Last year (the 2020 fiscal year), Cameroon recorded a XAF1,375 billion trade deficit, according to the National Institute of Statistics (INS). The figure is down by XAF89.2 billion only compared with the XAF1,464.2 billion deficit recorded in 2019.
So, the coronavirus pandemic that forced border closures worldwide resulting in a drastic drop in import-export activities around the world has had no positive impact on Cameroon’s trade deficit. On the contrary, while international trade exchanges were limited, the deficit recorded was worse than the XAF1,292.9 billion recorded in 2018.
National Development Strategy
This is due to the extroverted nature of Cameroon’s economy. For instance, in 2019, the country spent XAF3,856.9 billion (ed. note: close to 75% of the state budget) on imports, up by 13.3% compared with the 2018 figures, according to the INS. The same sources revealed that over 50% of that amount (about XAF1,700 billion) was spent on six products or groups of products.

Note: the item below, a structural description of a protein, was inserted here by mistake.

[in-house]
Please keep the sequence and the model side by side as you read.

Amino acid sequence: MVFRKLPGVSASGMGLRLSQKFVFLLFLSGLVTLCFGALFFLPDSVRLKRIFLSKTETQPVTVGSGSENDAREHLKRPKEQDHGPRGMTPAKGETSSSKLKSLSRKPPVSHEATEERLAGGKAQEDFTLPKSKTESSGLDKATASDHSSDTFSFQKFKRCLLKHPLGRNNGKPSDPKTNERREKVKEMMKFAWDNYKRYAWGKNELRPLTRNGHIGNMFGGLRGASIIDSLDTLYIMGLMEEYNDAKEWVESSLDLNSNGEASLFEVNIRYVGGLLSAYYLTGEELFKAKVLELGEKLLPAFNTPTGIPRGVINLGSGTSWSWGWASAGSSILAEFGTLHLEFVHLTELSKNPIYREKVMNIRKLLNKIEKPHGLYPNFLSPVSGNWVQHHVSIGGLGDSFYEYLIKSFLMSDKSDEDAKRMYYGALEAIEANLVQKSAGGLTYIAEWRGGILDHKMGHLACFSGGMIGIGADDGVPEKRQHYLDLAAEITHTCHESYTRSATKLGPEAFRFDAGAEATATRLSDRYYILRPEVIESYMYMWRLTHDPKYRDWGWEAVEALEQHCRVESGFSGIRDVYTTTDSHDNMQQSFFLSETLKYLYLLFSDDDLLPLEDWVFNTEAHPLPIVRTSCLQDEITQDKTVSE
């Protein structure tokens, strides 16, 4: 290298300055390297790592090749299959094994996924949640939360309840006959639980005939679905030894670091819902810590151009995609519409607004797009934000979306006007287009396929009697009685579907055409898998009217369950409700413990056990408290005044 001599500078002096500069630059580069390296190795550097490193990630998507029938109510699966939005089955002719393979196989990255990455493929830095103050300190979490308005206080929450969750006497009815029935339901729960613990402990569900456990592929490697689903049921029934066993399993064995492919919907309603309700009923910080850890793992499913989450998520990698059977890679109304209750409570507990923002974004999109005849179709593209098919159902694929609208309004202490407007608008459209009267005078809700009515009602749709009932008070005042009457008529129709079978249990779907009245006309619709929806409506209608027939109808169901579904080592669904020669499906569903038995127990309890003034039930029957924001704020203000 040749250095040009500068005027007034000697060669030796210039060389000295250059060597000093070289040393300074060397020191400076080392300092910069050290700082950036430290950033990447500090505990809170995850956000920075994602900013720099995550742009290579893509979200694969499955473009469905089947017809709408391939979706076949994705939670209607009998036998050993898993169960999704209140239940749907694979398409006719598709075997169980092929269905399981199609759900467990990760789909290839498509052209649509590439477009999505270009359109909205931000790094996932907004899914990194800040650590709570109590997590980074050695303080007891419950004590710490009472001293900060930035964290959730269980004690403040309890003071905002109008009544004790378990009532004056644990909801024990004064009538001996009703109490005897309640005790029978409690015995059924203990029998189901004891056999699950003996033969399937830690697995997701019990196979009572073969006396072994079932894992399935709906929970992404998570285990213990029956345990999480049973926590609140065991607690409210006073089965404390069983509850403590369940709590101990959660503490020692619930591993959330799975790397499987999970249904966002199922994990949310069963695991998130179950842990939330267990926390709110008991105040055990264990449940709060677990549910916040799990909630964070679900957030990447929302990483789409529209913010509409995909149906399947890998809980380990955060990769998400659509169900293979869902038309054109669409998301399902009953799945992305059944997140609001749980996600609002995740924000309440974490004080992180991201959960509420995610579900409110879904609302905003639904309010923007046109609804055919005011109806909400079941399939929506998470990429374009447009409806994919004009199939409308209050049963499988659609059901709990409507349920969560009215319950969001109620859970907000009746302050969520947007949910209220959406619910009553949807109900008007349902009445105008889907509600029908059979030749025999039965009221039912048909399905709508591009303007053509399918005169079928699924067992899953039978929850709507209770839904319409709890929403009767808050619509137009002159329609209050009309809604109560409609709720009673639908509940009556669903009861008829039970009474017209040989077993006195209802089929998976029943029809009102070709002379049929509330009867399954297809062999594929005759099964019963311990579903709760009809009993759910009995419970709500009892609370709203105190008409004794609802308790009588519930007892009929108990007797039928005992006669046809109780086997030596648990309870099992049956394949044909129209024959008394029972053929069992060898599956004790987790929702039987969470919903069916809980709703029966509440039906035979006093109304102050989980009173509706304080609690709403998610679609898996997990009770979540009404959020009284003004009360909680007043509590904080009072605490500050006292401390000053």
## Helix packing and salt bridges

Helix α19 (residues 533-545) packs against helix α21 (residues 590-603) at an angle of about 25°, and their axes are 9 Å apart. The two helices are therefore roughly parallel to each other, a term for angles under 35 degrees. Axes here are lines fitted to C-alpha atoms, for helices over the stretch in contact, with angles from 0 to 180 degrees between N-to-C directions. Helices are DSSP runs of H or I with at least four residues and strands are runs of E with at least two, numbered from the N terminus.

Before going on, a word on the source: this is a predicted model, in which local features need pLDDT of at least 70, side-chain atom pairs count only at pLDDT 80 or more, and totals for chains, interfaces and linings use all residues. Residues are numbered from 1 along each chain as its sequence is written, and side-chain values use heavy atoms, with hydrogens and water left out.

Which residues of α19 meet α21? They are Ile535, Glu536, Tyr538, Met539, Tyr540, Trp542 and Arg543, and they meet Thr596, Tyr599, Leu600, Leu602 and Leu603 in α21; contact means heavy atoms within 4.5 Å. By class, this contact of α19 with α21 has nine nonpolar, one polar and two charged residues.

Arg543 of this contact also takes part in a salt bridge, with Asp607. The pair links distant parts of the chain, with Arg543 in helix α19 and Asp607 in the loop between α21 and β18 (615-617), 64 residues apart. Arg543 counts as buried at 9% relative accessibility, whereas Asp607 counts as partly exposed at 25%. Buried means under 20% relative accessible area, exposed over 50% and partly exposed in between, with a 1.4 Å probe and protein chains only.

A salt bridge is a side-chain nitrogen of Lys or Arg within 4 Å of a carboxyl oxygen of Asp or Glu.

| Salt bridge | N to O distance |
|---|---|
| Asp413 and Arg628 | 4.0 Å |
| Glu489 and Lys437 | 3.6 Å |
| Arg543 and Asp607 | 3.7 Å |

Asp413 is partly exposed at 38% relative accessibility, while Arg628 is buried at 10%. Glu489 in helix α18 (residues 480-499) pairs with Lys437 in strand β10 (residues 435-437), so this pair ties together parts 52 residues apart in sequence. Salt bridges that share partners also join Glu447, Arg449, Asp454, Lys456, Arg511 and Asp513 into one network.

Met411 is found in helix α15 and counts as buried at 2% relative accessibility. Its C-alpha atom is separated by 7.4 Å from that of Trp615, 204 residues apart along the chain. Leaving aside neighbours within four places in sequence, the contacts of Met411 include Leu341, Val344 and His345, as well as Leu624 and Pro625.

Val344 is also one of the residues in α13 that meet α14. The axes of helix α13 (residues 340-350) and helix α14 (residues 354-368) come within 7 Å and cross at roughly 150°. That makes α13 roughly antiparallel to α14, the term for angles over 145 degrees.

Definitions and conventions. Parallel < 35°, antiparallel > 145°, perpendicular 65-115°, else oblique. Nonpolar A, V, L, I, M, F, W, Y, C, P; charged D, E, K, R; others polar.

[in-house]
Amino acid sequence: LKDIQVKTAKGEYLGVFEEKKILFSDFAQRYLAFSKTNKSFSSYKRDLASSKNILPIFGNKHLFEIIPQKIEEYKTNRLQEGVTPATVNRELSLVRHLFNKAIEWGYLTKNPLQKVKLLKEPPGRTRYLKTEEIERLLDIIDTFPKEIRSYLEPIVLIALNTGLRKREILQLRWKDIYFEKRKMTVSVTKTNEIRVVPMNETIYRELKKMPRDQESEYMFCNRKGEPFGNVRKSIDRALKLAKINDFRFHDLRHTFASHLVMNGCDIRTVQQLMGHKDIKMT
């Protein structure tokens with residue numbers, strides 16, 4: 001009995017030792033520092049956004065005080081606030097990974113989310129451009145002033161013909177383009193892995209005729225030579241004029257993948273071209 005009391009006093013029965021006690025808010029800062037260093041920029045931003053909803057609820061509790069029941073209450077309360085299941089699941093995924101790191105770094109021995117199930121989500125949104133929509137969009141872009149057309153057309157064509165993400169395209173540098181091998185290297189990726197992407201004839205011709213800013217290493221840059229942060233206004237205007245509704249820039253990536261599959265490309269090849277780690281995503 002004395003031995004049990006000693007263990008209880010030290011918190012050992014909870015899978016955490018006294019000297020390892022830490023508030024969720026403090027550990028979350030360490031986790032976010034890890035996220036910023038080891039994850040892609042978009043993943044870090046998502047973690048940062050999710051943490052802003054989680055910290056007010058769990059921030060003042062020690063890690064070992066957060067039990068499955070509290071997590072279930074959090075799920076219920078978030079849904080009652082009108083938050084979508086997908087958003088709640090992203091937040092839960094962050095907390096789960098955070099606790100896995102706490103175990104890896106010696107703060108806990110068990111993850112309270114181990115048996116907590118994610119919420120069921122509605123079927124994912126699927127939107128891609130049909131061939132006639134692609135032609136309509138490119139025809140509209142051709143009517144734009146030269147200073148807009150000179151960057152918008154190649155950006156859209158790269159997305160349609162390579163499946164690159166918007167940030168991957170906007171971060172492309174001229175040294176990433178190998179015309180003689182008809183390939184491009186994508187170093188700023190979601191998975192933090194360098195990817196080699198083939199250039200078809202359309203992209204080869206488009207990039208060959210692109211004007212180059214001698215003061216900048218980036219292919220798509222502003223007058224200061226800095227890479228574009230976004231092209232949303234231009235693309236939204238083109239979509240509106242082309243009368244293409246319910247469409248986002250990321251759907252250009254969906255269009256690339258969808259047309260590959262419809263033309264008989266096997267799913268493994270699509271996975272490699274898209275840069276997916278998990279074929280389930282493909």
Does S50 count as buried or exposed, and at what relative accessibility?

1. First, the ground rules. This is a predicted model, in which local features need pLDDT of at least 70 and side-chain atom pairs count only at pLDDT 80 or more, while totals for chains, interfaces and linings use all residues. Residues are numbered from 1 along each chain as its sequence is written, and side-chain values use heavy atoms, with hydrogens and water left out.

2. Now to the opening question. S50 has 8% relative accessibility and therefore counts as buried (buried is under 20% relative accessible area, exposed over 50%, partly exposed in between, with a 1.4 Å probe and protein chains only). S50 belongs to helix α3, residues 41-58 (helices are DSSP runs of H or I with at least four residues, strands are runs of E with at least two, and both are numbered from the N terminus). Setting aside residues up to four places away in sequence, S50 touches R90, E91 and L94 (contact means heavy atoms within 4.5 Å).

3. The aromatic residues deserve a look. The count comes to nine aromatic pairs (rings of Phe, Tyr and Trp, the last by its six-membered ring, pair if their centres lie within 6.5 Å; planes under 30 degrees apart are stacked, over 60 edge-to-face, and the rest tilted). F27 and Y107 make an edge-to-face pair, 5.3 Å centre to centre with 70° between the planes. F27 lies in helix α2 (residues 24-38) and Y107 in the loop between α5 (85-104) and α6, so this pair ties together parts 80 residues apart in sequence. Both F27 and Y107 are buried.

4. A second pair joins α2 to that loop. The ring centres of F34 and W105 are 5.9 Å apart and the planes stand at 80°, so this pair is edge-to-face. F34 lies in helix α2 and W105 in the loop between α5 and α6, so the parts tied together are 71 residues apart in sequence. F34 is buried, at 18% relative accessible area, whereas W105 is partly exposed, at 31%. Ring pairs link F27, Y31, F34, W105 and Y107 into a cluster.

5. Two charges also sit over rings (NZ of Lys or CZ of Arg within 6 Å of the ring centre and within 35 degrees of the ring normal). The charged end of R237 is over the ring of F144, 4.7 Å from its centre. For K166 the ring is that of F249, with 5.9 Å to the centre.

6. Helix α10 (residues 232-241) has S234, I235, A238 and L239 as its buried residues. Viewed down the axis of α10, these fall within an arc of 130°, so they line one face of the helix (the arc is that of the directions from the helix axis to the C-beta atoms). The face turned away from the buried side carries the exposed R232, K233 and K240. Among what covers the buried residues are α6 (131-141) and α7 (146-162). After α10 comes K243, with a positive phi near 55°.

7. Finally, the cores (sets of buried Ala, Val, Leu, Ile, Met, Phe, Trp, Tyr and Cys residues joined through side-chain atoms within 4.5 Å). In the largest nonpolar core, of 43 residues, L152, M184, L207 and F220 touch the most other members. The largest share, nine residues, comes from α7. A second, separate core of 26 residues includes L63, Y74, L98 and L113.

These are notably fuels and lubricants (18.8%), whose imports increased after the suspension of refining activities at the National Refining Company (Sonara) following the May 2019 fire. There are also machinery and mechanical and electrical appliances (13.0%), cereals (9.8%) including rice (which accounted for 6% of the country’s import expenditure in 2019). Next came wheat (3.7%), crude oil (5.7%), which was imported before the fire that destroyed part of Sonara’s plants. The sixth group of products is motor vehicles and tractors that accounted for 5.1% of the import expenditures.
This year, to reduce that deficit, especially in the food products category, the government started implementing an import-substitution policy, which is set out in the 2020-2030 National Development Strategy (SND30). This development strategy is aimed at transforming the Cameroonian economy and making the country a breadbasket for Central African countries and Nigeria.